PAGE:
Sunday, April 25, 2010

Not a competitive sport. . .

The cafe where I do my creative work is on an empty little street in the center of my lost little city.  St. Paul scrambles through this recession with the heart of a street fighter; fierce in determination to make it through the night - committed to keeping the lights on, the traffic moving, the appearances upbeat.

Before the lunch crowd descends, I make my way to the corner table by the window. 

It's a privilege to live like this - unfettered by the nonsense and worry other assign to "security."  Those of us who write and fend like this are not entitled to worry.  The life is a good one; simple and clear. And so we don't. 

Instead, we take our mornings in bright sunshine, filtered through dusty windows in shabby cafes around this struggling town - and when the muse assaults, we roll over, play dead and write for a living.

Before I was old enough to know how hard this would be, I imagined writers as one considers Fitzgerald, Hemmingway - or even Sinclair Lewis.

Celebrated at every stage of their artistic lives, living as a Steinbeck or a Salinger, in beautiful country homes, attended to by a doting, adoring spouse, unfettered and free to think, create and thrive.

It took me a long time to get over that fantasy.  Assisting in the death of that idea was the experience of warching August Wilson, morning after morning, slouch at the bar at W.A. Frost, writing "The Piano Lesson."

Poor as a church mouse, his face was lit with a beacon of iconic insight.  A genius, I suppose.  Still, like all the rest of us, Wilson wrote, one word at a time.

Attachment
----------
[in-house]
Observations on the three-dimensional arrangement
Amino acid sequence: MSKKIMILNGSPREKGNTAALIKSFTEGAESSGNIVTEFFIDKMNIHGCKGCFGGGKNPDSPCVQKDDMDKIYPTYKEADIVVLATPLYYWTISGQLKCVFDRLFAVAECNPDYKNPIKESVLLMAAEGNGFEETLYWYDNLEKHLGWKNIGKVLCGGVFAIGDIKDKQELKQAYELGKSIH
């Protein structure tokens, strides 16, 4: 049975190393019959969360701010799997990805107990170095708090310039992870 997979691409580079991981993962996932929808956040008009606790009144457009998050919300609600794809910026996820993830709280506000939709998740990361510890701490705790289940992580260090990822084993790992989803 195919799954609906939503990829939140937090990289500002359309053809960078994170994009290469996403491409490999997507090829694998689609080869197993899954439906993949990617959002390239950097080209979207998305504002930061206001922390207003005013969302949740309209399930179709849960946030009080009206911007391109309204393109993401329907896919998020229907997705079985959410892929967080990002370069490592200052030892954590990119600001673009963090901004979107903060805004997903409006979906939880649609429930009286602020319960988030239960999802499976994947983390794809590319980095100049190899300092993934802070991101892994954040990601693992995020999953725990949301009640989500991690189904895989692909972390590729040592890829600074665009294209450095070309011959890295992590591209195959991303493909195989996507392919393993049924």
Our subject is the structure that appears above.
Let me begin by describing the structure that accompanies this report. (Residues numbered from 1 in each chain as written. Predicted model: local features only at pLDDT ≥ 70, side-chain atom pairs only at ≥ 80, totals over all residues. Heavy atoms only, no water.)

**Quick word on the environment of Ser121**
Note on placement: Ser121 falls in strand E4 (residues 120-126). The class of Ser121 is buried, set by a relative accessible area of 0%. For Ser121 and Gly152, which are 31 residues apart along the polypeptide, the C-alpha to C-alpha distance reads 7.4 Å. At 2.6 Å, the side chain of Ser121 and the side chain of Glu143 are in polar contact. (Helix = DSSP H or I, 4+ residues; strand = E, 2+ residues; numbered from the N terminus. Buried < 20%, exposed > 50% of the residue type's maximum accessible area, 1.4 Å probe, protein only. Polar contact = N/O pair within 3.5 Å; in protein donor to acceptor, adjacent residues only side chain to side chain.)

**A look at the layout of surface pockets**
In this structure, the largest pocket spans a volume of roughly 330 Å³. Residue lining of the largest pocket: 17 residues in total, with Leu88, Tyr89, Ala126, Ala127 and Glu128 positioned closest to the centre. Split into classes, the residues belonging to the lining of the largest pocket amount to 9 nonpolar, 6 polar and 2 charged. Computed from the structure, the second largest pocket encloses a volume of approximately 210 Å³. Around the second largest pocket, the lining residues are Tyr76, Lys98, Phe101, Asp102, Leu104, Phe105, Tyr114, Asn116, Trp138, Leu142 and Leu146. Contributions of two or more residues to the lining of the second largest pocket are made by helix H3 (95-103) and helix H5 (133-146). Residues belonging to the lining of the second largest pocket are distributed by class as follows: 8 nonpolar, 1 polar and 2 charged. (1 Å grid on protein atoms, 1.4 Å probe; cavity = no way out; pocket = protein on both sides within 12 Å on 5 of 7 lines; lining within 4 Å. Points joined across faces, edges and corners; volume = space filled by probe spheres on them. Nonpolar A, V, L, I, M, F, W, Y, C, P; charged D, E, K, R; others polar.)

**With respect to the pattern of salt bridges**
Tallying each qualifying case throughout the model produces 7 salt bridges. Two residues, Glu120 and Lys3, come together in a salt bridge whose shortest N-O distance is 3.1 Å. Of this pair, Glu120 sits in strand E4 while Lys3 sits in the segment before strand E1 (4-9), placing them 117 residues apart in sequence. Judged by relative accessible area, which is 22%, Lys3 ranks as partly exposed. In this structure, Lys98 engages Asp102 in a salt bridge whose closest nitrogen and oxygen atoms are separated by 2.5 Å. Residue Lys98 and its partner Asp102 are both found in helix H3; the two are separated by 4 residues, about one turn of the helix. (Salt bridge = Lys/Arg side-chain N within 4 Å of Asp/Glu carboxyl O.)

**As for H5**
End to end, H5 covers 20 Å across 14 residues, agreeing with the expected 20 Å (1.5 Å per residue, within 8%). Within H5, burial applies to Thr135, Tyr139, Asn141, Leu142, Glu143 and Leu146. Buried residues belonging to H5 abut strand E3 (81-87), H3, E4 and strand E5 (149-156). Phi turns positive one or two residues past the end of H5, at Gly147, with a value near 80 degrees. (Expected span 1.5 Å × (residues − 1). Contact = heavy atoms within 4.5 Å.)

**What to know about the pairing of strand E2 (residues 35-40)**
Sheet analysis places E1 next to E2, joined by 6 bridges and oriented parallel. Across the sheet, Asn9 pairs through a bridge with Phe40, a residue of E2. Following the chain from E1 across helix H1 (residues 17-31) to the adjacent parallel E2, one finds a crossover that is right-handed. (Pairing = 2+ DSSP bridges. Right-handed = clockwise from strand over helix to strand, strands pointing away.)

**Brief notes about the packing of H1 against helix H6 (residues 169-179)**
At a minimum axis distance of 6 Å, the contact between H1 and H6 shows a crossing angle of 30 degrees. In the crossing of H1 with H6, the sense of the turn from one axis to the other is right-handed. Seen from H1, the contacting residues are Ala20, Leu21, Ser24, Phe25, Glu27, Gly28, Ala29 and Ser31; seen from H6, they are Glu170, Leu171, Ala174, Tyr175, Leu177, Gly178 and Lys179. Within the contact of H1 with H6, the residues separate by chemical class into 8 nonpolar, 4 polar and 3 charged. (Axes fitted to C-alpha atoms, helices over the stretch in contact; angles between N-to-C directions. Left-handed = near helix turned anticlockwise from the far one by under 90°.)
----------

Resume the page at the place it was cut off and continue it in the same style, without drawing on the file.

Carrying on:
The late Paul Gruchow once whined to me about the few spots he could identify for publication of his odd brand of writing. Paul wrote about trees, prairie, farmland - and there were, and are, multitudes of others writing the same thing, seeking a venue for their work. How, oh how, would Paul ever sustain his energy? Why didn't everyone get out of his way and let him be published?

When he finished his rant, I reminded him that creativity is not a competitive sport.  Nor is it a team effort.  Writing requires concentrated attention to the solitary investment of time, agony and self-indulgence.

"Then why does it feel like that?" he asked.

I don't know, I replied.  And I realized - once again, I am alone. Because it does not feel competitive at all - not to me.

I'm not in this to beat anyone.  I'm in this to beat back something  - the vague, unsettling haunt that life might be, without my energy infused at every moment, meaningless.

Writers write to bring order, meaning and agenda to the vague, random assaults of reality. 

Here, light breaking through dust, things fall, like early autumn death, into place. 

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